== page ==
YEAR 1691 £«tabB«tre6 November 9. 1891 H. fi, Rasmtnaen Editor and Publisher GmMlnt RttmutMB, Business Manager Eiterrt as tnd clan matter at the poit otflct >t Anstfm, Minnesota, tinder the act of March 8, IH7». lined Dally Except Sunday The Herald has been for 6? years and still is a newspaper for Austin and community fair and impartial to all, seeking always to promote the best interest of agriculture, labor and industry catering to no demagogues and showing favoritism to no group, firm or individual. ~ Member of the Associated Press The Associated Press is entitled exclusively to the use for republicaUon of all the local news printed in this newspaper as well as all AP news dispatches. And if the avenger of blood pursue after him, then they shall not deliver the slayer up into his hand; because he smote his neighbour unwittingly, and hated him not beforetime.—Joshua 20:5. * * * Good Christians should never avenge injuries.—Miguel Cervantes. Bark Without Bite If it were not for the threat of real peril which lurks in the background, there would be something quite comical about the noise the East Germans are making over Berlin. Day after day they tell the United States and the whole West that the Reds won't tolerate their staying in West Berlin. The talk really gets tough. But in fact they're like the little pooch who has the nerve to yip at a powerful adversary only because he himself has the protection of a big Saint Bernard. If the Saint Bernard in this case—the Soviet Union—should withdraw from the scene, the yipping from the East Germans would stop in a second. • The East German Communist government is a pitiful regime, almost totally lacking in real support from the population after 13 years of trying for it. The East German Reds have no convictions except those made for them in Moscow. And they have nothing of their own to back them up with, either. It's something to keep in mind the next time the barking gets loud. Higher Budget More Inflation Sharp criticism has been flung at Ike's budget by Ray Hemenway, chairman of the Minnesota Democratic-Farmer-Labor party, who says the proposed 77 billion dollar budget is far too low, Though even Ike's budget may seem high to many, Hemenway says it is not enough to stimulate the nation's growth potential. When a politician, such as Hemenway, advocates bigger government spending, we believe they should point out, at the same time, that federal money isn't something people get for nothing. More spending by the federal government will require higher taxes levied on the people, or more federal debt to be passed on to future generations to pay. Heavy government spending is also inflationary, resulting in higher prices paid by consumers, and working a special hardship on retired elderly people, and others on fixed incomes. You can bo quite certain that should Hemenway have his way, and the government increases its spending, with more inflation and higher prices, Hemenway will be the first to criticize Ike for not having controlled inflation and prices. A federal budget is a highly complex thing. So are the consequences of a rising budget and a rising debt. Even our best economists find it difficult to wrestle with fiscal problems. Since Hemenway'i activities have been mare in th«- fielrj of politics than economics, there can be a strong suspicion that whatever he has to say is motivated more by politics than sound economic judge- ment. The opinion of whether a higher budget would stimulate the nation's economy, or retard it by more inflation and higher prices, is something we would prefer to leave to those more skilled in this field than Hemenway. Opinions of Others IKE'S TRtAt BALLOON President Elsenhower has let It be known that he will propose a $77 billion budget when Congress convenes next month. This Is $3 billion under this year's spending rate. With costs mounting on every front it would appear the $77 billion budget will not stand. There Is probably nfl one so naive to believe that the $77 billion budget will stand. His proposal is already under attack by the Democrats, with the proposal only hours old. Defense spending is up. Whereas the farm program cost $1 billion in 1952, spending in this department has hit $7 billion. And the call Is for more, not less. Then there Is the proposal of veterans of World War I, seeking pensions of $100 a month, with eligibility to start at the age of 60. While there doesn't appear to be so much as a chinaman's chance of Congress voting such a pension, the prospect Is here. • Congress well knows — Republicans and Democrats alike — that next year, preceding the election in 1960, will be fraught with political shenanigans. President Elsenhower may advocate cutting, here and there. But the Democrats are In the majority and they'll see that few appreciable cuts will be made. The administration (probably with tongue In cheek) will do its utmost to stay within the propos-" ed budget. That's good politics. The Democrats will strive for appropriations and get them — in amount sufficient to insure a deficit. That accomplished, the Republicans cannot "point with pride"; the Democrats — In 1960 — can "view with alarm." President Eisenhower, sensing what lies ahead, did an unprecedented thing In making known the amount of the budget almost a month before Congress convenes. His action, In truth, amounts to sending up a trial balloon, to get the reaction of the public. There will be rejoicing in a $3 billion cut. Conversely he will also stimulate pressure groups to Increase, not decrease appropriations. The President's $77 billion budget proposal appears beyond the pale of reason, especially in view of the $12 billion deficit in the national budget this year. The only aspect of the proposal that has a ghost of a chance of standing up is that it's going to cost us money. Another hike in the national debt limit is ahead.—NEW ULM JOURNAL $1 FOR A DAY IN JAIL The injustice of equating a day in jail with a one dollar fine was discussed recently by the Washington Post and Times-Herald, and it is a subject that deserves consideration In most states. The maximum sentence of $100 fine or 90 days in jail as penalty for a misdemeanor was set up many years ago in Minnesota, as well as elsewhere. Those were the days when wages generally were a dollar a day, and the man who didn't have the money could make his payment by spending an approximately equal number of days behind bars. Times have changed, however, and the Washington newspaper estimates that the man who goes to jail — not having money to pay the fine — actually Is penalized at least 10 times as heavily as the fellow who is able to raise the $100 cash. If he goes to jail for 90 days, he gives up the earning power of that period which, in these times of inflated wages, frequently would total $1,000, or even as much as $1,500. Therefore he is, in effect, being assessed at least $1,000 against the $100 that is charged to the man who can pay the fine in cash. This subject has come up for discussion in Minnesota, but nothing has been done to change the law. The suggestion has been made that the fine be raised to $300, and the jail sentence left at 90 days. There have been some proposals that both the fine and jail term be increased for misdemeanors, included among which are such things as drunken driving. If there is to be a change in the law, it will have to come from the legislature. And it seems to be in order to suggest that the 1959 session might well give some thought to it. It seems unfair to take away $1,000 worth of earning time for one offender, and charge another only $100 in cash.—MANKATO FREE PRESS Do not forget that even as "to work is to worship" so to be cheery is to worship also, and to be happy is the first step to being pious. — Robert Louis Stevenson. '58 Saw Government Nation Grow Conscious of Outer Space By JAMES MARLOW • Associated Preu News Analyst WASHINGTON (AP) - A quick glance back through 1958 shows vividly how, in a yew'i time, the nation and the government became terribly conscious of outer space and the need to conquer it There bad been years of work on rocket and outer space projects. But then suddenly in the fall of 1957 the Russians shot their Sputniks aloft. It was both a shock and • baptism in humiliation for the United State*. Instantly there was this broad public reaction: "How did it bap- pea and what can we do?" Out of this dismay there has sprung in a year's time a whole new batch of agencies, councils and committees concerned with toe apace age. He Named KlQiM Ai § ftvter President Eiaen- bovef on Nor. 7, 1957, created a new )ob-*peaal «f§i»t«nt to the Preattmt for acieace and tech- n^ogj - end picked for it Dr. Jam* R. XMiA Jr., pre«idont of the MuMchiiMtU Iwtitot, Q| Hia tadu van many, among tfeNR helping to eliminate inter- **rvk» rivalry in the mijuil* tnd fitU*, «4 mobiMng Ukot for the naMon'i i d*i*Mt profraji. fe tirWml ..«MiK to ft* President and to Eisenhower's National Security Council— a kind of second Cabinet concerned with defense — and U chairman of the President's Science Advisory Com mittee, a group of scientists. Council Advocated Only last week, after a 10-month study, this committee recommended to Eisenhower creation of a federal council for science and technology to promote closer co* operation among federal agencies in planning their development and research programs. The group suggested also Killian be named head of the council. Eisenhower approved. But in between the appointment of Killian in the fall of 1957 and the recommendation of the advisory committee last week theae were some of the other things that happened: In July the Uouae and Senate wtb voted to create new atanding committeM on space and science. Tne House committee baa 25 members, the Senate 15. Braad New Agency TbJa actiqo va* taken just a l»« days alter both houcea approved creation of a brand new [ovemment agency: NASA — the National Aeronautica «nd Space AtirnuUitratioo. lu purpQM: to «lrili*a The Defense Department will continue to control space activities connected with national defense. The President will settle any dispute between NASA and the Defense Department. Eisenhower appointed T. Keith Glennan as head of NASA. Actually, the agency is under Eisenhower's direct control, with the advice of an eight-member council. On this council, besides Eisenhower and Glennan, are the secretaries of state and defense, the chairman of the Atomic Energy Commission, a federal official who could be a military or nonmilitary man, and three outside members appointed by the President. Another Office In addition, the Defense Department aet up the new Office of Director of Research and Engineering, under Dr. Herbert York, a pbyaiciat, and in Advanced Research Projecta Agency under Roy Johnson. ARPA'a job ia with apace flight for the military. The State Department, finally realizing that iti handling of foreign affair* in thu age can't be divorced from scientific development, got Itaelf a science adviser, Dr. Wallace R. Erode, and recently assigned seven scientists fifliffifihfff in ^""yir aiftf 9v«ra*M. 2 AUSTIN (Minn.) HERALD Tuesday, Dee. 30, 1958 POTPOURRI WHILE THE United States has xen constantly expanding, you haven't seen anything yet. The year 1&S9 will be th* (tor- tain raiser (or the "Soaring 60'e" according to the report from the Kiplinger organization on changes and growth you can expect during the next decade. Here are a few of the predictions: Business will boom as the result of population growth, rising productivity, higher incomes and shifting business patterns. In the late 60's the population will reach 208 million, compared to the present ITS million. And the birth rate will jump from an annual rate of four million babks to five million per year. Companies will expand, despite painful and expensive growth. They must add capacity, products, diversity and new outlets as a! hedge against the rapid changes! that would drive them down and possibly out. More chains, larger stores and many stores taking on additional lines, is the revolutionary picture for merchandising in the next de- i cade. The food store will become a general store, with many things other than groceries. It will be the era of the super-super market. A college education will be a necessity, not a luxury. Furthermore, the next decade will see a 75 per cent increase in the number of college graduates. Through screening at entrance and hi freshman and sophomore years, students will be of a higher caliber, for colleges can't afford to eiE- pand enough to carry the full load of all who want to go to college. As business gets to be in bigger units, and with more automation, there will be a greater need for trained brains, and the best jobs will go to the college-trained. Spreading cities, fast-growing highway networks and a tremendous boost in the construction of homes, will change the face of the nation. New houses will be built at the rate of a million and a half a year. Cities will fan out, and suburbs will grow, creating new residential and shopping centers. Commuting distances will be longer, so. more families will have two cars. Alaska will be the fastest growing state with a population in crease of 97 per cent by 1970. Nev ada will increase 92 per cent, Ari zona 79 per cent, Florida 65 per cent, California 57 per cent and Delaware 52 per cent. Minnesota will not be among the aiost growing states, according to Kiplinger who sees a population gam of about 21 per cent hi the next 10 years. Twenty-six states will have greater gains. Inflation will continue at about the same rate in the past decade. But despite higher prices of everything — probably 20 per cent higher by the late 60's — most people will be able to afford more things. Savings, pensions, etc., will shrink in terms of what they will buy. By the late 60's, there will be 20 million oldsters over 65. Now there are 15 million. The future will see 75 million youngsters tin der 18, while now there are 60 million. With many more youngsters and oldsters, people of working ages will have their hands full producing enough goods to meet all needs. But it will be done by greater productivity with more older workers employed, more women in jobs, and less full retirement at any age. So don't say you didn't know in advance what will happen in the next decade. If any of the predictions prove incorrect, just blame Kiplinger. A TOWN of only about 5,000, Austin in 1893 was apparently ra- jther well supplied with doctors. 1 In a story Saturday, Dr. 0. H. JHegge recalled that, in additon to i the Hegge brothers, there were at least four other doctors practicing here. A reader called to add three more — Dr. F. E. Daigneau, Dr. W. L. Hollister and Dr. W. H. McKenna. Thia would make at least nine doctors in the city, and perhaps even more. THIS YEAR, Easter will be early, on March 29. We report this since the calls asking about Easter, invariably start coming some time in January. The year 1959 will bring five weekend holidays — Memorial Day (on a Saturday); F.ourth of July (Saturday); Labor Day (Monday); Christmas (Friday) and Washington's birthday (Sunday), which represents a holiday for some. For those with an ability to really stretch it out, there may be two other weekend holidays — New Year's Day (Thursday) an- 1 Thanksgiving Day (Thursday). A holiday for some, Veteran's Day, falls this year oa a Wednesday. PRACTICALLY ANYONE will defer attending to important busi ness in order to read a eompli mentary letter that say* plee< sant things, even if exaggerated. "Hey!" WEDDING SET TOKYO (AP) - Crown Prince Akinito'a wedding to M^ss Michiko today was tentatively tat lor Where Unions Evil Often Blame Goes to Rank-and-File By VICTOR RIESEL NEW YORK - This apparently exclusive report that Indignation has gone out of style was deliberately held up by this column to avoid watering your Christmas cheer. An outpouring of protest may be a high-buttoned shoe sensitivity. But this tale of nine families with 18 children - in a holiday week made bleak because their breadwinners fight for their rights — should be told. 1 write «f unemployed men, made jobless because they fought a local union barony. They are not workleas and payless for lack of skills. They are strong men who can handle massive cranes. They spent the pre-holiday days at quickie odd tasks. One sold puppies in a pet.store at five dollars a day. Another delivered Christmas packages for a few hour at $1.25 for each back-breaking 60 minutes. Others found laborers' work wherever they could — and some couldn't. Their families ate less. Gives Their Names I could tell you their names. But one will do. He is Bill Wilkins, one of the "boys" who hit the beach at Salerno and walked SYLVIA PORTER'S 'YOUR MONEY'S WORTH' Best Year Ever Coming Up By SYLVIA PORTER For millions of American families, for hundreds of thousands of American businessmen, 1959 will be the best bread-and-butter year ever. Our economy is poised for a climb to the highest levels in history in the months ahead. By the end of the year we're now entering the total output of goods and services of this nation will be coming close to the fantastic half-trillion dollar mark. As a whole, business is certain to reach never - before - touched peaks. As a whole, personal incomes are a cinch to leap to new tops and consumer spending will follow consumer incomes. As a whole, government spending is sure to shatter every previous record. As a whole, construction is heading for unprecedented highs. With overwhelming unanimity, the experts in Washington, in Wall Street, in the major industrial and financial centers of our land, predict the recovery that began in 1958 will continue in 1959. New Records And continuing recovery from the levels we are setting this minute means new records in a long number of industries, all-time highs for the nation's economy in general. It seems almost too good to be true. There has been an unmistakable resurgence of confidence in recent months, but there isn't the "feel" of boom hi the air that there has been at the start of many years since the end of World War II. And the very unanimity of the optimistic predictions — predictions based on the premise of no global war, no crippling nationwide strikes, no demoralizing stock market collapse — compels some skepticism. Still, the statistical evidence to suggest we are at the threshold of a big business year is deeply persuasive. For instance. . . There is the certainty that consumer incomes will hit new peaks, and higher consumer incomes spell higher consumer spending. The year is closing with consumer incomes running at a peak annual rate of over $360 billion, nearly $10 billion above the mark at this time a year ago. There will be more wage and salary hikes in 1959; many are already on schedule, and some big wage negotiations are coming up. There will be larger social security payments; the increases are in the law. Farm incomes may dip, but the dip won't offset the certain increases in other areas. Government Spending There is the certainty that government spending at the national, state and local levels will reach all-time peaks, too. President Eisenhower's announcement that he is going to submit a budget balanced in the $77 billion range doesn't mean the budget will end up in this range, of course. His figures assume Congress will vote both big spending cuts and tax increases — assumptions that strain credulity. Federal government spending in 1959 will be billions above the 1958 total. State and local spending also will be up by billions. There is the prospect that business spending on new plants and equipment will rise at least moderately and business spending for re-stocking shelves — rebuilding inventories — will rise Impressively. Just the fact that business has stopped reducing its spending on expansion is a force for further economic recovery. And the fact that businessmen are shifting from liquidating inventories to refilling warehouses means the economy is to get a great shot in the arm. Only One Direction Against a background of climbing spending by consumer, by government and by business, there can be only one direction for our economy in the new year: UP. Yes, there are weak spots. There will be "soft" areas in 1959, and they flash warning signals that we dare not, must not ignore. The two worst ones appear utterly contradictory — a persistently high level of joblessness and a persistently strong threat of inflation. Our comeback must go a long way before the recovery will be big enough to absorb all who are able and willing to work. Although prices are fairly stable now, we have by no means achieved con- trol of inflation. And paradoxically, our efforts to control the inflation spiral well may prolong high joblessness. We're up against dangers do not black out the re- a basic dilemma. Still, the weak spots and the covery forces. Actually, since the current upswing began only this past April, it would be no more than normal if it continued right through 1959. (Distributed 1958, by The Hall Syndicate, Inc.) SIDE GLANCES T.U. •«(. us. PM. on. ® HSI b, N[A tanrio. IM. /2-30 "Kenneth, can't you talk on the phone without doodling? This cake recipe I jotted down has 'Sally' all over the dry ingredients'." 3 Minutes My Answer By BILLY GRAHAM QUESTION — Is it not dangerous to make too sweeping state- - -, -- - — ••«/•» m IEBIUW, ments about God? After all you ! couldn l swim Sfl ved her 18-month- then. . .people who are dishonest By JAMES KELLER RESCUES CHILD expectant mother who in the rain through valleys of death. He wound up in a Na*.i prisoner of war concentration camp so the swastika would not wave for a 1,000 years. He is one of the jobless. For five years I have Watched him battle the machine controlling the Long Island Operating Engineers Local 138. Bfll was with me on the air the night I stopped a glass fall of concentrated sulphuric acid. He wept at my hospital bed be- canse he had left me an hoar too soon. But there have been no tears for Bill Wilkins and his good companions though they have fought so hard and so long — and have had at their side, from time to time, the McClellan Committee, the national AFL-CIO leaders, the courts, the clergy, and the labor board. But such are the laws of the land that the local union boss, Bill DeKoning, Jr., can control a union hiring hall and he is not, one to regard his enemies even at Christmas time. So once more the embattled men began a weary march to the forces of the state. Yet in this season of holiday compassion I wonder not at their angry fight. He Wonders Not I wonder not at the rock hewn, iron hand in the iron glove — William DeKoning of the Operating Engineers. He is their enemy. He is the symbol so many have fought in controlled local unions across the land. Change the names. Change the sets. The play's the same everywhere in locals such as this one. I wander only that the public forgets and lets me fight alone. I wonder only at the rank-and- Nle of scores of locals who forget an old labor chant that an Injury to one Is an Injury to all. Nor is this wonderment eased by a report the other day I received from friends in Connecticut. In that state the legislature passed a law requiring all unions to file annual financial reports. Some 800 unions reported. It was presumed that the rank-and-file would be consumed with passionate interest what happened to their money. Only One Inquires Towards this year's end I checked. I was told that of the tens of thousands of workers, only one came came to inquire. I thought of the words of Mr. Labor himself, AFL-CIO president George Meany. Not too long ago he hit the union convention circuit. Thus he spoke: ". . In finding the answer from our trade union point of view we must look at the problem and say: 'How did these things happen?' "I tell you why they happened. They happened because the unions got away from the members or the members got away from the unions. . .It can't happen of union membership meetings are fully attended and if reports are mad* periodically to those meetings. . . ". . .We've got to find some way to bring about an attendance of the workers at the meetings of their unions. . .there is something fundamentally wrong in the approach to the trade union movement by some of the people who have come into it in recent years. . .If the concept is that the union is some sort of business entity and you pay your dues to it and then look to results. may be wrong? G. G. B. ANSWER - It is both dangerous and foolish for anyone to make any kind of statement about God based on his own opinion. But God ™ Aler tumbled of j the dock and ! has not left Himself without » urit. the CUrrent Started to carrv hlra ! has not left Himself without a witness in the world. In His creation we see His infinite wisdom old son from drowning in Fenton, Mo. When the young mother's back was turned for a moment, the toddler tumbled off the dock and down the river. Although she couldn't swim, she Screen Performer Answer to Previoua Puzzla ACROSS 1Scretn performer. —-Tamblyn I Hell oJ filmdom's newer sctori I He can be—— in motion pictures 12 Great Lake 13 Seint 14 Peel 15 Royal Italian family name It Body of water IT Scottish slderi 18 Roped 20 Bay 81 Qualified 22 Noah 1 * boil 23 Sketch** 26 GWt 30 Wand II Male sheep (Pi.) 32 Contend 83 Aged 34 Girl 88 Palm leal -38 Irritate* 38 Angler's basket 40 Peter Gynft mother 4»Gard*n implement 43 Beginning 49 Have a share 49 Caove* shelter WLtgjI profwtion (I Employer 92 Lohengrin's brid* UE«i*t »4 Scottish $5 Scheme 86 Herd of whales 57 Back of neck DOWN 1 Stagger 2 Bear 3 Perches 4 Teeter 5 Attack « Require 24 He likes a 7 Greek letter good —— 6 Strikes on the '25 Augments buttocks 26 Go by 9 Nobleman 27 Cry of 10 Sea eagle bacchanals 11 Bird's home 28 African river 19 Italian goddeit 29 River duck 20 Angers 31 Unusual 22 Wea pons 34 For fear that S3 Let fall 37 Scottish plaid timi we occ £**a UUUJHC wiauuill --„-- ,._... -,.,...., ..... and power all about us. The Bible I J um P ed int ° the water and struck • _ *-• _ _ 11 * i i , ,. _ rtllr. ft f rAI* rlA•* e/\n GVta *t/\t »•*!•• says in Paul's letter to the Romans: "For the invisible things of Him from the creation of the world are clearly seen, being understood by the things that are out after her son. She not only reached him 25 feet out in the stream, but even succeeded in getting the nearly drowned tot back to shore. SUBSCRIPTION RATES Single Copy (at Newsdealers and Street Sales) $ .ov HOME DELIVERY IN AUSTIN Single Copy (other than regular weekly Subscribers) | Per Week. Carrier Delivery re I made, even his eternal power and When her astonished husband was Godhead;" But we can learn of > notified at work of hi « wife 's res- God by the revelation He has given cue > he exclaimed: "She can't 38 Heart 39 Come back 41 Seraglio 42 Pace 43 Relate 44 Hundle 45 Brazilian st»t* 46 Bewildered 47 Retain 48 Gaelic 90 Sack God by the revelation He has given of Himself in the Bible. But for the Bible we would be led off into all kinds of vain speculations about God. But in the j scriptures we learn of His eternal i existence, of His love and mercy | and truth. There we learn also that He is a God of holiness and 'justice. Then God has revealed swim!" Most individuals would be happily surprised at the untouched power for good which God has entrusted to each and every one of them. Don't wait for an extreme necessity to bring your hidden talent into play. Search for it yourself Himself in and through His Son, I and begin today to apply it in T „,._,_ . every way you can. You will be co-operating with the Divine plan. "Take courage and be not dis- JGod is with thee in all things." (Josue 1:9) Grant me the grace, O Holy Spirit, to discover and put to good use the talent which you have loaned to me. Ex-Skater Agrees to Property Poet Jesus Christ. Wlen we study His I life and death and resurrection jwe find that He too is God and that in Him we see God. The Bible says that, "Jesus was the brightness of God's glory and the express image of his person." Then God reveals Himself through the Holy Spirit in our hearts. Human speculation about God is a dangerous thing, but when we receive the revelation which God has given of Himself in so many ways and have motives of their own . . will come in and take over ti • . Doesn't anybody care? (Distributed 1958 by The Hall Syndicate, Inc.) .10 *io1o 40 2fl One Tear BY MAIL—ZONE 1 Delivery in postoMlce within „ miles radius of Austin — Payable Ui advance. One Month i 1-15 Three Months ! 3'25 Six Months !.... jso One Year 10.00 MAIL—ZONE 2 , c pe"very In postoHlce outside »0150 miles—Payable In advance. "cr Week s 40 Three Months s'so Six Months «V> One Year , MAIL—ALL OTHER ZONES Delivery In postofflce over 150 mllet radius of Austin—payable In advance Per Week « 40 SI* Months 750 0"« Year ',',' NOTE-Zone 1 rate will a p. ply for subscription tervice going to service personnel in U. S. and Armed forces in all areas of United States and areas served thru A.P.O and N.P.O. LOS ANGELES (AP) - Former and when we come to Him through faith in His Son, the Lord Jecui ~~ "~ ' -—•««•• Christ, we come to know Him andl skatixig **** Donna Atwood and trust Him completely. Some day " nmuk »W'» showman John Harris, we will be in His holy presence 58 ' ^fached • property agree- and Will then he oanahlp n f !,„„«.: mient and wlU S et a dlvorc * •««• They were married 15 years ago. Attorneys said Miss Atwood, 33, gets the $300,000 family home in and will then be capable of know ing Him fully. U. S. Army Engineers estimate the length of the Mississippi River M about 2,330 mile*. Beverly Hills, $100,000 in furnish ingt, $2,000 monthly alimony and support for three young children. Circulation Dept. Dial HE 3-8856 For irregularities in s • r T i c • pleas* call the above numb«r between 5:30 p.no.-6:30 p.m. Eitra delivery service will k* made if necessary.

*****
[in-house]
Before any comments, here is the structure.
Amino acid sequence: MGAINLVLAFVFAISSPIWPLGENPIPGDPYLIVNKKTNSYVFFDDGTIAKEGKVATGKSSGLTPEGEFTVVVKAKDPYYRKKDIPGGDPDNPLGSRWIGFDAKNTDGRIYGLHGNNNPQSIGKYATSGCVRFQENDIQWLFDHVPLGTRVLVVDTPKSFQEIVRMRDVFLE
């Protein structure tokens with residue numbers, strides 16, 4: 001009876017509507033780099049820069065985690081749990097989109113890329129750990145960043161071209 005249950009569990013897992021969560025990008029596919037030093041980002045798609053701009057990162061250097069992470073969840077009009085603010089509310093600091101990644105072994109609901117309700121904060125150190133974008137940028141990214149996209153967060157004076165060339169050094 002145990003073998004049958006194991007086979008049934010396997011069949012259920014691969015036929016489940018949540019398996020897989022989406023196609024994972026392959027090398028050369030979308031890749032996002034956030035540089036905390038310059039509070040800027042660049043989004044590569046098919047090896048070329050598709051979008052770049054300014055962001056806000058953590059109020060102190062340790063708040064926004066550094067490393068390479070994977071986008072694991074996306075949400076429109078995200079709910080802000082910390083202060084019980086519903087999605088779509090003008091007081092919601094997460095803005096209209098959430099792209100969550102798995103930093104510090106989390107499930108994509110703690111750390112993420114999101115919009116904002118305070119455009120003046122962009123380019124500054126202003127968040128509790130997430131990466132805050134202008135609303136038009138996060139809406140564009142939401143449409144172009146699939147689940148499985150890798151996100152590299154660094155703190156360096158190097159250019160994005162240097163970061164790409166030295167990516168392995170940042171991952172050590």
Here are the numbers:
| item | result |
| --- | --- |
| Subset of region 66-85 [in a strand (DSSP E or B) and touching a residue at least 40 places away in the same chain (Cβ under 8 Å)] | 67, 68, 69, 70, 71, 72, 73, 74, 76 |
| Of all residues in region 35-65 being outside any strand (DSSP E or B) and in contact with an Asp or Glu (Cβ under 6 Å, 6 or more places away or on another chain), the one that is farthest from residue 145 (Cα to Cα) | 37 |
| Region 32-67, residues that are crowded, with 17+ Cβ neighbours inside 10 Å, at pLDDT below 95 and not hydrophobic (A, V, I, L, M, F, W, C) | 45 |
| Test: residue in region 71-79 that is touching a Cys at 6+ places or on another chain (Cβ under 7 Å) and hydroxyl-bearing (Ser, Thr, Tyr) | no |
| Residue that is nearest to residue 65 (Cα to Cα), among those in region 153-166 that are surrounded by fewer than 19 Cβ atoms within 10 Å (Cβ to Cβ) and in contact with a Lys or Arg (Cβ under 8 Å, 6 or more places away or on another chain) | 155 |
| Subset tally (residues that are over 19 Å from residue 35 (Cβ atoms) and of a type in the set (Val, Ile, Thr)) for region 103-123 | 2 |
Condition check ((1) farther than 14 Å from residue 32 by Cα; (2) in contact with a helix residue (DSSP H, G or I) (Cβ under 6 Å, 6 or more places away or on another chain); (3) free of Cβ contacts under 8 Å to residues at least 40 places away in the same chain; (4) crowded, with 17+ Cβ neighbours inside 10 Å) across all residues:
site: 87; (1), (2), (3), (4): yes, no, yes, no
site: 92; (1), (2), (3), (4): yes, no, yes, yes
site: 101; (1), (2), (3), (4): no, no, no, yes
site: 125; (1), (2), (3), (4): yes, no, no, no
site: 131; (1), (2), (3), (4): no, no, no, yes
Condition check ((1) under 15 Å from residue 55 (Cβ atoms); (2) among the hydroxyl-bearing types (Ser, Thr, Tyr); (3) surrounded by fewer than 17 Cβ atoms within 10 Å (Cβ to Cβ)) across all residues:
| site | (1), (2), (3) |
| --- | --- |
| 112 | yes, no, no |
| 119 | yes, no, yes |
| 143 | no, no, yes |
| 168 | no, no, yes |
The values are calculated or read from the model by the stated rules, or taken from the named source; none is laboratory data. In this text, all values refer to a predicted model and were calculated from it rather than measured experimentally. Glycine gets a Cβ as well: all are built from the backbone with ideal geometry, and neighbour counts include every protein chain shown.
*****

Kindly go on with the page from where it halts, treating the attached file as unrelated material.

What members have found on this page

Get access to Newspapers.com

  • The largest online newspaper archive
  • 11,100+ newspapers from the 1700s–2000s
  • Millions of additional pages added every month

Try it free